Besides pushrods and water pumps, the LS3 is an amazingly stout and reliable chevy engine. Even when modded at lower power levels, these engines can still last for a very long time and stand up to some abuse. 

LS3 Crate Engines, Performance, and Mods

From the factory, the LS3 pumps out 426–436 horsepower and 420–428 lb-ft of torque. The nearly identical L99 in the Camaro SS is less powerful, but still delivers 400 horsepower and 410 lb-ft of torque. Inside the 2011 Corvette Grand Sport, the LS3 produced 430 horsepower and 424 lb-ft of torque. That was good for a blazing zero to 60 mph time of just 4.2 seconds. The same Corvette also did the ¼ mile in 12.6 seconds @ 115 mph. 

Comparably, the 2010 Camaro SS with the L99 produced a solid zero to 60 mph time of 4.8 seconds, and did the ¼ mile in 13.3 seconds @ 107 mph. The LS3 powered Camaro SS of the same year was only slightly faster, with the same zero to 60 mph time, but it did the ¼ mile in 13.0 seconds @ 111 mph. While not quite as fast, the L99-powered automatic transmission Camaro SS still held its own at the drag strip. 

Today, though it is no longer in production vehicles, GM still sells crate LS3 engines. These range from 450-533 horsepower versions, and come with a variety of camshaft options. There are also carbureted LS3 crate engines without EFI for builders who prefer the old-school fueling method. 

One of the most popular crate engines is the LS376/480 hot-cammer. This crate engine uses a LS Hot Cam, which has 0.525/.525 intake/exhaust lift and 219°/228° intake/exhaust duration. Though there is less intake lift than stock, the longer duration more than makes up for it and allows for a ton of airflow. Together, this combines to produce 495 horsepower and 473 lb-ft of torque.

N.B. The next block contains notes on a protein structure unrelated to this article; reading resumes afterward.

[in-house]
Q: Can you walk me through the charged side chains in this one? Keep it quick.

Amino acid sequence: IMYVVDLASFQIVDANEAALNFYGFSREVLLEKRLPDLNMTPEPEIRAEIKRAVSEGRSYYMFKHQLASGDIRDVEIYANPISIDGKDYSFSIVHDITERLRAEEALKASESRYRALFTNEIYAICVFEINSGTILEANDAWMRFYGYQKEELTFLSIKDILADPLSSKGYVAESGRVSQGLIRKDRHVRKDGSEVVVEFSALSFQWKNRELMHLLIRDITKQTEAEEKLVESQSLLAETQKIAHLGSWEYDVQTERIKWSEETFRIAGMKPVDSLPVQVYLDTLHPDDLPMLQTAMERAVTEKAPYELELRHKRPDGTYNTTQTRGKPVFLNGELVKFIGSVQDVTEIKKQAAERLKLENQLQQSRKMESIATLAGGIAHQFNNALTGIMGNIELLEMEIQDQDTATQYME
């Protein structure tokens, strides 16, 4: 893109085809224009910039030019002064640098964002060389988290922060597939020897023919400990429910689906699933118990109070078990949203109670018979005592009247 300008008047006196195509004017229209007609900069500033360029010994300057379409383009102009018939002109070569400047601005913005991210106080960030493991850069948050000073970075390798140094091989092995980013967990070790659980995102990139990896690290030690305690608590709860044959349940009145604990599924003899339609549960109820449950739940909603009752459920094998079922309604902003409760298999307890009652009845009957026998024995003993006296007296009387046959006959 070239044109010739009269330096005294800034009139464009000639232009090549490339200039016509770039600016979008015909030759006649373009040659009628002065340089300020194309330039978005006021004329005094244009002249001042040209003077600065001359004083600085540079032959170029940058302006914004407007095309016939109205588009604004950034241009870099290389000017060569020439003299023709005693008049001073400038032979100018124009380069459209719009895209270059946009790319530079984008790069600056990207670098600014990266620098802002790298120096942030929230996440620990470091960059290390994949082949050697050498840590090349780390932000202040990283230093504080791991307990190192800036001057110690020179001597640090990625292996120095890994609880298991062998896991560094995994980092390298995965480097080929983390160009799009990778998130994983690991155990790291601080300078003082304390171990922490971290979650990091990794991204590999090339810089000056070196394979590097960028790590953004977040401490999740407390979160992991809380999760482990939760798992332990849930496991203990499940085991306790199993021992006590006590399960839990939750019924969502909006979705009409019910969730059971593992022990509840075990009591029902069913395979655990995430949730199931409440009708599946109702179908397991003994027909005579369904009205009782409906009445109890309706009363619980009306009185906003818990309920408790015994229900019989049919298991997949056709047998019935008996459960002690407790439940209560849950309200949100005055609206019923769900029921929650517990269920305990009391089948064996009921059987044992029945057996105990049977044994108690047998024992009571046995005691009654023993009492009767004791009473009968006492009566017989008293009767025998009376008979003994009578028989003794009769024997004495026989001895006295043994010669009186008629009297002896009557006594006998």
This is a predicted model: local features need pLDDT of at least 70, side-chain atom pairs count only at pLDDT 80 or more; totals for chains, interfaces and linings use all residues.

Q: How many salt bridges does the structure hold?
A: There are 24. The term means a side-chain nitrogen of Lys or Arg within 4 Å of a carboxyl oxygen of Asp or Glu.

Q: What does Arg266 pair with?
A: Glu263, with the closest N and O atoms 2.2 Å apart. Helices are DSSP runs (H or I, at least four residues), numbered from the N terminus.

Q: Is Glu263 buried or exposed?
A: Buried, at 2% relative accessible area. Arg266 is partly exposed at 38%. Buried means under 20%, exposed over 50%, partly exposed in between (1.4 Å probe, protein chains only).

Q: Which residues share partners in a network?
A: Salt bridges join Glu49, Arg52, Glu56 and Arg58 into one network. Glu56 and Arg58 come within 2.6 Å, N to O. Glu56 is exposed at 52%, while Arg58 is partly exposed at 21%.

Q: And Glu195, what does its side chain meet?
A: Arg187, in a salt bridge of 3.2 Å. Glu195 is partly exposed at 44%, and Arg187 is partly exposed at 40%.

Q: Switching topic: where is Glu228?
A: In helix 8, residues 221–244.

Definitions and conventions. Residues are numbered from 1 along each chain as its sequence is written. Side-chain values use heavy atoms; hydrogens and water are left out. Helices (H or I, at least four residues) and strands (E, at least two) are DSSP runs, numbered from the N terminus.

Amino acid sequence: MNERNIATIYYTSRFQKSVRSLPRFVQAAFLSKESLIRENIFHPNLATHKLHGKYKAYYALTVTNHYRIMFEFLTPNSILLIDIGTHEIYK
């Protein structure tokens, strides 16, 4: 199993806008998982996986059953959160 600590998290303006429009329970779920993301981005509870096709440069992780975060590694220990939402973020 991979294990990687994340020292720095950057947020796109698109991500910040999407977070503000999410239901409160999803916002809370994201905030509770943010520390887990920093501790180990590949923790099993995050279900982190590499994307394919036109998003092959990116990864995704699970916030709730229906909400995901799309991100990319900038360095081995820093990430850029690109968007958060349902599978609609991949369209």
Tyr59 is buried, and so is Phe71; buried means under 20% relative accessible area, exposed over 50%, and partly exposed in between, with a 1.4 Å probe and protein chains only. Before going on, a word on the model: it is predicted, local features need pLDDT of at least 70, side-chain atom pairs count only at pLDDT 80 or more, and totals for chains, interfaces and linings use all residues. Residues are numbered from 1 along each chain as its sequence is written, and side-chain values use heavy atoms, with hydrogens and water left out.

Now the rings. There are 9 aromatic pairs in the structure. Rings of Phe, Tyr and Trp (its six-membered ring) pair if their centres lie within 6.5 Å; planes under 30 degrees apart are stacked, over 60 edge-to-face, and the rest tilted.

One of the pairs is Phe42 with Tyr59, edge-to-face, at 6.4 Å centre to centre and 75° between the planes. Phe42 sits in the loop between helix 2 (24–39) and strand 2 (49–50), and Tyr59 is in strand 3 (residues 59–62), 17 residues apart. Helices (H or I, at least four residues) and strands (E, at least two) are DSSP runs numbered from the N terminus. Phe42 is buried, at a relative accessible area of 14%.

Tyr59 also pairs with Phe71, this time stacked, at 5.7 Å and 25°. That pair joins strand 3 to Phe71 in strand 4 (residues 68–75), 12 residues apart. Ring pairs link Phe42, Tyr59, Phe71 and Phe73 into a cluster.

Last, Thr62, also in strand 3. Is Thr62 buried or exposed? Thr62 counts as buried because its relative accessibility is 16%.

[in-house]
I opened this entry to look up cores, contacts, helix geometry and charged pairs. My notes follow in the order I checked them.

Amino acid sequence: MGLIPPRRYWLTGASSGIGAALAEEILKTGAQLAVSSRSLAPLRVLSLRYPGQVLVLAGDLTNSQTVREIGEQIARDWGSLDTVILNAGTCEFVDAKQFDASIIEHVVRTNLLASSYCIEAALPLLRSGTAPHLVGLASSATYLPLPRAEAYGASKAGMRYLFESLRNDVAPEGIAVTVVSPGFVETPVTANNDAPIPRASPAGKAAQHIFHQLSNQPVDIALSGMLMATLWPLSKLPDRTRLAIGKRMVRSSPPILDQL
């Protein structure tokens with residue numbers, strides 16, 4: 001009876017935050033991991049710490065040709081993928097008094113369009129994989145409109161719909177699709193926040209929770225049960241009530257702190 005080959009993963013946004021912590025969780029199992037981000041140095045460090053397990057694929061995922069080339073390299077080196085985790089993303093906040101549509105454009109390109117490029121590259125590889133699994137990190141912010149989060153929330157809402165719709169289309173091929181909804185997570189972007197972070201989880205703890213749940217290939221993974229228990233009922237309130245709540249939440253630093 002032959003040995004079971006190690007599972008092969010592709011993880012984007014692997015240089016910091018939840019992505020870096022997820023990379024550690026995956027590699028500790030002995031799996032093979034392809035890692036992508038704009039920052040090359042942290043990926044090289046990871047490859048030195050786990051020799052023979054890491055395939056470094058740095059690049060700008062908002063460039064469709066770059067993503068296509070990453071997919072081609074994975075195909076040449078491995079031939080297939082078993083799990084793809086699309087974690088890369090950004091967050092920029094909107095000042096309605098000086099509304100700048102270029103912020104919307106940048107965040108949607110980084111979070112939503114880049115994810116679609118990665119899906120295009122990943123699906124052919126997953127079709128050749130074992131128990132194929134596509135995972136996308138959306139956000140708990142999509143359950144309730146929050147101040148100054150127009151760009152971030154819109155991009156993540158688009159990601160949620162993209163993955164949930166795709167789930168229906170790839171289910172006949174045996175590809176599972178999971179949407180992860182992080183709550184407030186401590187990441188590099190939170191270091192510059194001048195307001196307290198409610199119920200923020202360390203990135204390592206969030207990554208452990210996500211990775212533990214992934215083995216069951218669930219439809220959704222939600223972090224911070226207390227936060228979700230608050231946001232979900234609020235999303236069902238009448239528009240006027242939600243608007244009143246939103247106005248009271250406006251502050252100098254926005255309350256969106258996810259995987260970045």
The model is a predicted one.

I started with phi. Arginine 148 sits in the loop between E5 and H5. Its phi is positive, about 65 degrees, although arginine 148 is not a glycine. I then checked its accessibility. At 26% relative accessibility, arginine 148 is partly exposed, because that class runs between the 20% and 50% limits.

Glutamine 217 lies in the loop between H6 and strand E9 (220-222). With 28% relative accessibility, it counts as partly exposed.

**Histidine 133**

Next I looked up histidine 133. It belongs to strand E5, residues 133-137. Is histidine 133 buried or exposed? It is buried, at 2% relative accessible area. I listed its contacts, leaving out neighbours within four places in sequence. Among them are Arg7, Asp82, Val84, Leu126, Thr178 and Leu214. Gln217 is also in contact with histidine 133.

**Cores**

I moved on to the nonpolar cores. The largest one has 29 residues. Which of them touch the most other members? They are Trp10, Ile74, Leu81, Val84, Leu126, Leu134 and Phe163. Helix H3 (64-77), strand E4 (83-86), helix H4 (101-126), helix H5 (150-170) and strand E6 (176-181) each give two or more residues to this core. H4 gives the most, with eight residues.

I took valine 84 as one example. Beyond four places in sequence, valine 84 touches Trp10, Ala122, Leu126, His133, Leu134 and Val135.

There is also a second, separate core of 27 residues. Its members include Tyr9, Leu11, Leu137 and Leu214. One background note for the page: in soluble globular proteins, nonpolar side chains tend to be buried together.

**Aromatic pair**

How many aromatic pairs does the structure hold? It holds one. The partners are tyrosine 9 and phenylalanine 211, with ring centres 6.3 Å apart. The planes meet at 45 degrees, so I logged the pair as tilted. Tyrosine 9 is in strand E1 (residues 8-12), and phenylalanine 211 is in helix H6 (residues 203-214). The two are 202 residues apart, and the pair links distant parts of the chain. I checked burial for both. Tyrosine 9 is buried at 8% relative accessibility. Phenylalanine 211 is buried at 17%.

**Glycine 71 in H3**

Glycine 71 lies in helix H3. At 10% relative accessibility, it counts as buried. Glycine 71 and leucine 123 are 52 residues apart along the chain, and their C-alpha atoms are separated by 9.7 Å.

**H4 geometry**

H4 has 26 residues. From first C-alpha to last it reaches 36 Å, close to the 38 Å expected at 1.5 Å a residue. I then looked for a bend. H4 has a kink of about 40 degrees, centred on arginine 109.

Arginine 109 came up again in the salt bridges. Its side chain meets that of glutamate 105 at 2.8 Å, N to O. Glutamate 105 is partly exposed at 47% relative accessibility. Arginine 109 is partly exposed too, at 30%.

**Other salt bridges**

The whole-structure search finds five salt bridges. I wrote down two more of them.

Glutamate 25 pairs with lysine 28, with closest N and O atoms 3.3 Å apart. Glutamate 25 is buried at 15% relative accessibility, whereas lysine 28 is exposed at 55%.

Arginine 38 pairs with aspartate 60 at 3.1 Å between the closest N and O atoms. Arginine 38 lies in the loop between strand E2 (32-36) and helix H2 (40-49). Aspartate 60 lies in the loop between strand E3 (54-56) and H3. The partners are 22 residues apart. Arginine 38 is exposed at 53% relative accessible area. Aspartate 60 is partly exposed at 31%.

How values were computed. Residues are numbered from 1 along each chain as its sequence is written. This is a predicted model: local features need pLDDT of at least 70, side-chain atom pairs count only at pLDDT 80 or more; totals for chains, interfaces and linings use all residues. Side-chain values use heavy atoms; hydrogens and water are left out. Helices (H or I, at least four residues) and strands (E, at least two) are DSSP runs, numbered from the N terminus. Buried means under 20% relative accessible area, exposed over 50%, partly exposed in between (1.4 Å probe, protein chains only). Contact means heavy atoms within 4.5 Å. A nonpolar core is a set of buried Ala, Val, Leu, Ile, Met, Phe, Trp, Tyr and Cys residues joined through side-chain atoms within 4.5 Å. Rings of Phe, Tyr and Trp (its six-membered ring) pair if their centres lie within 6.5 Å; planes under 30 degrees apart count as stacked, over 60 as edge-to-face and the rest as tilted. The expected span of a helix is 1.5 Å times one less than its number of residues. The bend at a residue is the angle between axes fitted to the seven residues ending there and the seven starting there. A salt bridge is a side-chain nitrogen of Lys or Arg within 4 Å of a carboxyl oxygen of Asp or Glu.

Bolt-On Performance Upgrades

For those of you looking to get some extra power out of your Camaro SS, Corvette, or other LS3-powered vehicles, we have a ton of great upgrade articles for you. For those looking at basic bolt-ons, we have a Chevy LS3 engine upgrades article, which has information on tuning, cylinder heads, long-tube headers, x-pipes, and camshaft upgrades. 

In addition, we also have a specific supercharger guide, camshaft upgrade guide, intake manifold upgrade guide, and a throttle body upgrade guide. The LS3 responds very well to all of these mods, and they can give you gains ranging from just a few horsepower to more than a few hundred. 

For those of you with Corvettes, with a specific Corvette C6 headers guide. The LS3 is one of the most moddable small-block V8s out there, and they are capable of some serious performance. 

Frequently Asked Questions

How much horsepower does an LS3 make?

The LS3 produces 426-436 horsepower and 420-428 lb-ft of torque inside the Chevrolet Corvette, Camaro, and other vehicles.

Is the 6.2 Vortec motor an LS3?

The Vortec 6200 L92, L9H, and L94 engines are similar to the LS3 engine but not the same. They have the same displacement but different internals, valve trains, cylinder heads, and more.

What cars have the LS3 engine?

General Motors and Chevrolet put the LS3 inside the C6 Corvette, Camaro SS, Pontiac G8, Chevrolet SS, Holden HSV, and others.

Is the LS3 a good engine?

Yes. The LS3 is a great engine that produces thrilling amounts of horsepower and torque and has solid reliability.

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  1. Do you have anything on the LS3 E-rod? I’ve noticed that it’s become popular for a Land Cruiser FJ 60 conversion, and I’m trying to learn more about it since I’m thinking of doing one for my 1983 LC

    1. Eduardo,
      I had not heard of the LS3 E-Rod, so thank you for bringing it to my attention! It appears that Chevy offers two versions, 40-tooth and 17-tooth reluctor wheel versions, and they rate both at 430 horsepower. The engine is CARB approved with its own EO number, and is very popular for swaps into older 1995 and earlier vehicles that need new engines that will comply with emissions. It uses a cast-aluminum block and aluminum L92 (rectangle port) heads. The stock camshaft has pretty good lift but minimal duration. Looks like a solid engine for a swap, let us know how it goes! – 17-tooth – 40-tooth

      All the best,